In the 1940s, the Sorensen family planted roots in Nevada, raising thousands of sheep and some cattle on a ranch where the Ruby and East Humboldt mountain ranges meet in the northeastern corner of the state. Their descendents are still there.
Third-generation Nevada rancher Jared Sorensen and his wife Selena are raising their family of nine children, who play important roles on the Secret Pass Ranch, where winter winds are unforgiving and a blanket of snow glimmers across the region. Encompassing 10,000 acres (and an additional 12,000 acres the Sorensens lease for grazing), it sits between the mountain ranges, the valley opening up to vast fields where cattle graze. The Sorensen home, an unassuming 100-year-old house, is mostly hidden from the highway by trees. Across the way at the foot of the Ruby Mountains, a stream flows along the highway.
More than eight decades since their ancestors first set foot on the ranch, the couple is now leading their family in a different direction from past generations with regenerative ranching — a concept designed to take into account the effects of climate change while working to ensure the longevity of not only their family and ranch, but the surrounding environment.
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“We started to realize the same thing that was healthy for the soils was the same thing that was healthy for us,” Selena said. “It all just kind of works together … We decided we wanted to start taking care of the micro life, not just the big animal livestock, because that’s where all life begins.”
In 2019, Jared and Selena enrolled in the Nevada Conservation Credit System, a program that offers incentives for habitat protection for Greater sage-grouse, a large bird found throughout eastern Nevada and other Mountain West states. The bird has a round body and long tail, which males spread into a starburst, similar to a peacock. Males are also known for an elaborate courtship ritual that includes flaunting distinct yellow air sacs on their chest to attract female mates.
The Greater sage-grouse has a declining population and has teetered on the brink of being classified as an endangered species — a listing that would substantially limit development in rural Nevada and across the West.
The Legislature appropriated funds to kickstart the credit program in 2015. Mining, energy and development companies buy credits from ranchers and farmers participating in the conservation program, who then reimburse the state for the seed funding it provides.
As of last summer, the Secret Pass Ranch has conserved more than 10,000 acres, earning 3,642 conservation credits. Overall, the program has resulted in approximately 44,537 credits and nearly 120,000 acres conserved, according to a June 2021 state report.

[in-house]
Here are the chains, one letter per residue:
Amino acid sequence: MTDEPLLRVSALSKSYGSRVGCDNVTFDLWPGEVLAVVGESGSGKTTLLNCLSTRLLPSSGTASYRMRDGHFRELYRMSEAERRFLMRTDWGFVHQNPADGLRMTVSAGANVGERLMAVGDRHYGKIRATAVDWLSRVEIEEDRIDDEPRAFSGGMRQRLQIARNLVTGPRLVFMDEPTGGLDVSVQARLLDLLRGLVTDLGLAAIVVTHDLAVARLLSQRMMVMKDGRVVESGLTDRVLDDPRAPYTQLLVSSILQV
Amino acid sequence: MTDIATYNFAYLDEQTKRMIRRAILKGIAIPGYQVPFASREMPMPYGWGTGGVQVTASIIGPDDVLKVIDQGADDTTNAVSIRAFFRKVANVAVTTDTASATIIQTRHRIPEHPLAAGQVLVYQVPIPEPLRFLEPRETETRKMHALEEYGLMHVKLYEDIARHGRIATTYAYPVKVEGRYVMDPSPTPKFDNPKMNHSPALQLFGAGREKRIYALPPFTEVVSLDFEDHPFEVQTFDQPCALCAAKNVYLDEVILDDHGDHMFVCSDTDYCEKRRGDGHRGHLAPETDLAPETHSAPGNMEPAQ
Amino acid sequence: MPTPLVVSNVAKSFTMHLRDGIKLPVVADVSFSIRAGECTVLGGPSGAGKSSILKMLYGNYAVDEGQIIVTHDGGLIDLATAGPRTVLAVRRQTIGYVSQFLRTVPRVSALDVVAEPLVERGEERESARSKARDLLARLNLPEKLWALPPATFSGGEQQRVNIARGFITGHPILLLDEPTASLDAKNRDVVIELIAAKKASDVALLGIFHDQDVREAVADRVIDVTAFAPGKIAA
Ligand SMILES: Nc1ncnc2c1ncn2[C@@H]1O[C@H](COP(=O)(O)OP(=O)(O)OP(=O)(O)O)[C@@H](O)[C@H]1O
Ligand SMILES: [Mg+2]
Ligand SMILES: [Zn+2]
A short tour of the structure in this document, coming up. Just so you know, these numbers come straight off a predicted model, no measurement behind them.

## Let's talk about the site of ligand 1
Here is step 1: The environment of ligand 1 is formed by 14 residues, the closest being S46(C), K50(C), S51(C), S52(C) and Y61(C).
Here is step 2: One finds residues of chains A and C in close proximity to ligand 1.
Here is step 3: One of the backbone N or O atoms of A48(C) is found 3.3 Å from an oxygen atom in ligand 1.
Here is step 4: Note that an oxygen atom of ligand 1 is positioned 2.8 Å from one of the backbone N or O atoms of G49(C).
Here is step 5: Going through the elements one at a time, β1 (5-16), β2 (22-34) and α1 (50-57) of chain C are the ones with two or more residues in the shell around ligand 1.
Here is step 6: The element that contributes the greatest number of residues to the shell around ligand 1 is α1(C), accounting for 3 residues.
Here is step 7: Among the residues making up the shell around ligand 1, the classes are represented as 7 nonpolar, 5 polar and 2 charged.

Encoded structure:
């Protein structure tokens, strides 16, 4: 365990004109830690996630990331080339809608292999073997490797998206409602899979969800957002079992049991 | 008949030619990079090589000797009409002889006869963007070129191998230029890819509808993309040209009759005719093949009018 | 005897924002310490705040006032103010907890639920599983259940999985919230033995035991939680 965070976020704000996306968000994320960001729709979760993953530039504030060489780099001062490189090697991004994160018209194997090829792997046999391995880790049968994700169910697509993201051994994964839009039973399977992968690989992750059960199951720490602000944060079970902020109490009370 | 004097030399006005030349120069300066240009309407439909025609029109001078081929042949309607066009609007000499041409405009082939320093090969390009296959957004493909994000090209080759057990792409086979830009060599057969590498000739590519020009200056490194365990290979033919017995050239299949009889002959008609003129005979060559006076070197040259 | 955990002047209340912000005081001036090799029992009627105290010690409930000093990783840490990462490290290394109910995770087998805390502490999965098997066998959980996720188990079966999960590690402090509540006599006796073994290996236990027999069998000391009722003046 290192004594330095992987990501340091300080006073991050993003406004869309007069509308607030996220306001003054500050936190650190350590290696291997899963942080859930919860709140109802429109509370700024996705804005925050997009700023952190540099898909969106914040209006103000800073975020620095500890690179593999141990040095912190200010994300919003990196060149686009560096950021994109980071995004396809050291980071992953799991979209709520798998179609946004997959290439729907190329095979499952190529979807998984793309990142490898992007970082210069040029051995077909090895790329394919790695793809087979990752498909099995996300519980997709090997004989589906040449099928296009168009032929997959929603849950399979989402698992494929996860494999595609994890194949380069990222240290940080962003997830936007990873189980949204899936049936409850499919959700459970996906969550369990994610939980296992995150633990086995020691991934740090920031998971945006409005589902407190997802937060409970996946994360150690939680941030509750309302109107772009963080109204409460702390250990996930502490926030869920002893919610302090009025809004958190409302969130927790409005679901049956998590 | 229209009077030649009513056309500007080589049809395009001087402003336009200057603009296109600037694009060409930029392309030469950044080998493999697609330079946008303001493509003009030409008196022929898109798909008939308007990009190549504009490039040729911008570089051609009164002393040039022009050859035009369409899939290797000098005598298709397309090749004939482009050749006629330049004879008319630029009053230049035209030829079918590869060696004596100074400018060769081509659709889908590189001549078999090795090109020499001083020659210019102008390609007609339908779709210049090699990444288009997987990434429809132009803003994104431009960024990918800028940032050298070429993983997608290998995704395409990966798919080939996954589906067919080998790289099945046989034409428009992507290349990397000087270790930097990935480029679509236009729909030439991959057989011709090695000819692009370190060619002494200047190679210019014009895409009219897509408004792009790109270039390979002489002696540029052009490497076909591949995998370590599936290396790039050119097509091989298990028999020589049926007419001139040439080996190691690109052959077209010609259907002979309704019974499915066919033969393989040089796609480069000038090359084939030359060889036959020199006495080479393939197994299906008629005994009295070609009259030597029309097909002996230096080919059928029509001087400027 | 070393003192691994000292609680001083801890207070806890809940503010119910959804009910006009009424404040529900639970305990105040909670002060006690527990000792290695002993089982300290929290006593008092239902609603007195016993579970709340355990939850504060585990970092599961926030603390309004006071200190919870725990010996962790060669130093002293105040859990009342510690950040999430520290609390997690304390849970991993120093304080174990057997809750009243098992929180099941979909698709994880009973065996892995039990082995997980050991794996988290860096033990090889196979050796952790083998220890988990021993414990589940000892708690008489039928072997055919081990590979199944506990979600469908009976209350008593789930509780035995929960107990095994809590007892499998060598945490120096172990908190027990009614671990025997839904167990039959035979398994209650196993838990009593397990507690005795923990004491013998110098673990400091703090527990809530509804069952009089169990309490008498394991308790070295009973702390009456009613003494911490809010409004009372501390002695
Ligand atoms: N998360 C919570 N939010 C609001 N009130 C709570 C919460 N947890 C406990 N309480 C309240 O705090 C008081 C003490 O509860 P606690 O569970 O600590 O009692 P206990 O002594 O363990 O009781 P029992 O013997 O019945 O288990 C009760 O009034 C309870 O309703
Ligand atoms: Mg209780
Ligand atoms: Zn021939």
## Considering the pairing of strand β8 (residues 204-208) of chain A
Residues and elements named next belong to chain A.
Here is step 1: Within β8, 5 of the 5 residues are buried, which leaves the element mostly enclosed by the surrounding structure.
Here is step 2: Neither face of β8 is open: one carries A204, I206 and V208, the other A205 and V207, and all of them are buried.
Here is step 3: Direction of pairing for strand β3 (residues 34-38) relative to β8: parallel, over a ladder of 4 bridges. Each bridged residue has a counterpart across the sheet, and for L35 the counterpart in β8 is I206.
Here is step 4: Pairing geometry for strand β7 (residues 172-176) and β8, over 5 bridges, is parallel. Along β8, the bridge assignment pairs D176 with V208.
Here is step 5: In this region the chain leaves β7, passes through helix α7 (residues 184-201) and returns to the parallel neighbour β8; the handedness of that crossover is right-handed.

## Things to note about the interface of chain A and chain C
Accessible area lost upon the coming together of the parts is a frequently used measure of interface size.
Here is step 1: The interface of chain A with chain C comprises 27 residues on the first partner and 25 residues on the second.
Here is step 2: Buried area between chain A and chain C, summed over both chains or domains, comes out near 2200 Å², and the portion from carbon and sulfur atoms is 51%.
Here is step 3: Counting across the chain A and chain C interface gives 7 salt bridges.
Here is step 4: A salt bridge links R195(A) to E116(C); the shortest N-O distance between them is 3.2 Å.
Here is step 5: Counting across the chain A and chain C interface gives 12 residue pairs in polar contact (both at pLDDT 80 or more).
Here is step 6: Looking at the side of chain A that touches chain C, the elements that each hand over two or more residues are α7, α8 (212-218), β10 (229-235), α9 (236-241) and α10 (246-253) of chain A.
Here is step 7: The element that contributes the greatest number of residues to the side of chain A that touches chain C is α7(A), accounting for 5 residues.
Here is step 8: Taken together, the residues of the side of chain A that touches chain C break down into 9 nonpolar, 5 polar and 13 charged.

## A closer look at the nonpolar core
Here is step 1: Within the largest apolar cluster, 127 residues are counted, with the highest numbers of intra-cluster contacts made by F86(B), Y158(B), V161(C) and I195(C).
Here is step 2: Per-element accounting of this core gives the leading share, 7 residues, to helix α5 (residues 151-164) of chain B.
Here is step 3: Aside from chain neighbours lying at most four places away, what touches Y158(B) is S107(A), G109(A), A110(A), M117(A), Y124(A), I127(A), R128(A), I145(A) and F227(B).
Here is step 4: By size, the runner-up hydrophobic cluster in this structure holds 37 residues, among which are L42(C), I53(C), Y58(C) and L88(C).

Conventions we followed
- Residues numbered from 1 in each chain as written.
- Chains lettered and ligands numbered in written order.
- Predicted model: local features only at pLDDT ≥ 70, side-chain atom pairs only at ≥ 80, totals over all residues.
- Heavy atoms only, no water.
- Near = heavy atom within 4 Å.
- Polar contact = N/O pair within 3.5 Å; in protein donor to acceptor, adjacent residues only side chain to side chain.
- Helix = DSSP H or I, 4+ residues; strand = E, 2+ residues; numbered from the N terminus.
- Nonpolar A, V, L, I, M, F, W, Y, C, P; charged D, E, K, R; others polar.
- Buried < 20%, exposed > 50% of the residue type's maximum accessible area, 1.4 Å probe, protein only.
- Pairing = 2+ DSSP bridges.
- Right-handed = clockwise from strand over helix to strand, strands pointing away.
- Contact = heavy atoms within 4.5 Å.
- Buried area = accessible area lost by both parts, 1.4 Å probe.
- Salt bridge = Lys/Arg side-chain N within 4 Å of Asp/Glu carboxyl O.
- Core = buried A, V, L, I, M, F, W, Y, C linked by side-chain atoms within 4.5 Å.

And though the ranch is not certified organic (despite being managed according to the standards), it became one of 160 sites in the world to be certified as regenerative agriculture in 2020 through the Savory Institute, a nonprofit organization aimed at facilitating “holistic management.” That term describes a farming approach focused on the health and regeneration of soil, which is expected to improve biodiversity, the water cycle and overall health of the environment.
“It’s an outcomes-based program, whereby through third-party monitoring, you are improving the health of the land and soil consistently over time,” Jared said. “It’s not necessarily as restrictive as organic [standards], but in my mind, it’s more meaningful because a lot of organic producers, they’re just after the label and the increased market share and profitability that it provides.”
What it means to be a regenerative rancher
Jared said his family’s ranching style makes them outliers in Elko County, as regenerative ranching and farming approaches are not widespread in the U.S. He said the journey to managing his ranch according to “holistic management” standards began in 2002 when he attended a class at the Wyoming Ranching for Profit School, a business school for the livestock industry.
Ranchers are good at managing grass and cattle, he said, but the course taught him to look deeper and reflect about how ranching methods can leave consequences for generations to come.
“You realize, for one, how insignificant we are because we’re just a flash in the pan,” Jared said. “Doing the wrong thing for years and years, or even through one season, it can take years or decades to reverse that.”
He used erosion as an example. If there’s not enough vegetation to hold the soil in place, a flood event could cause the loss of topsoil, which can take a century to rebuild on its own.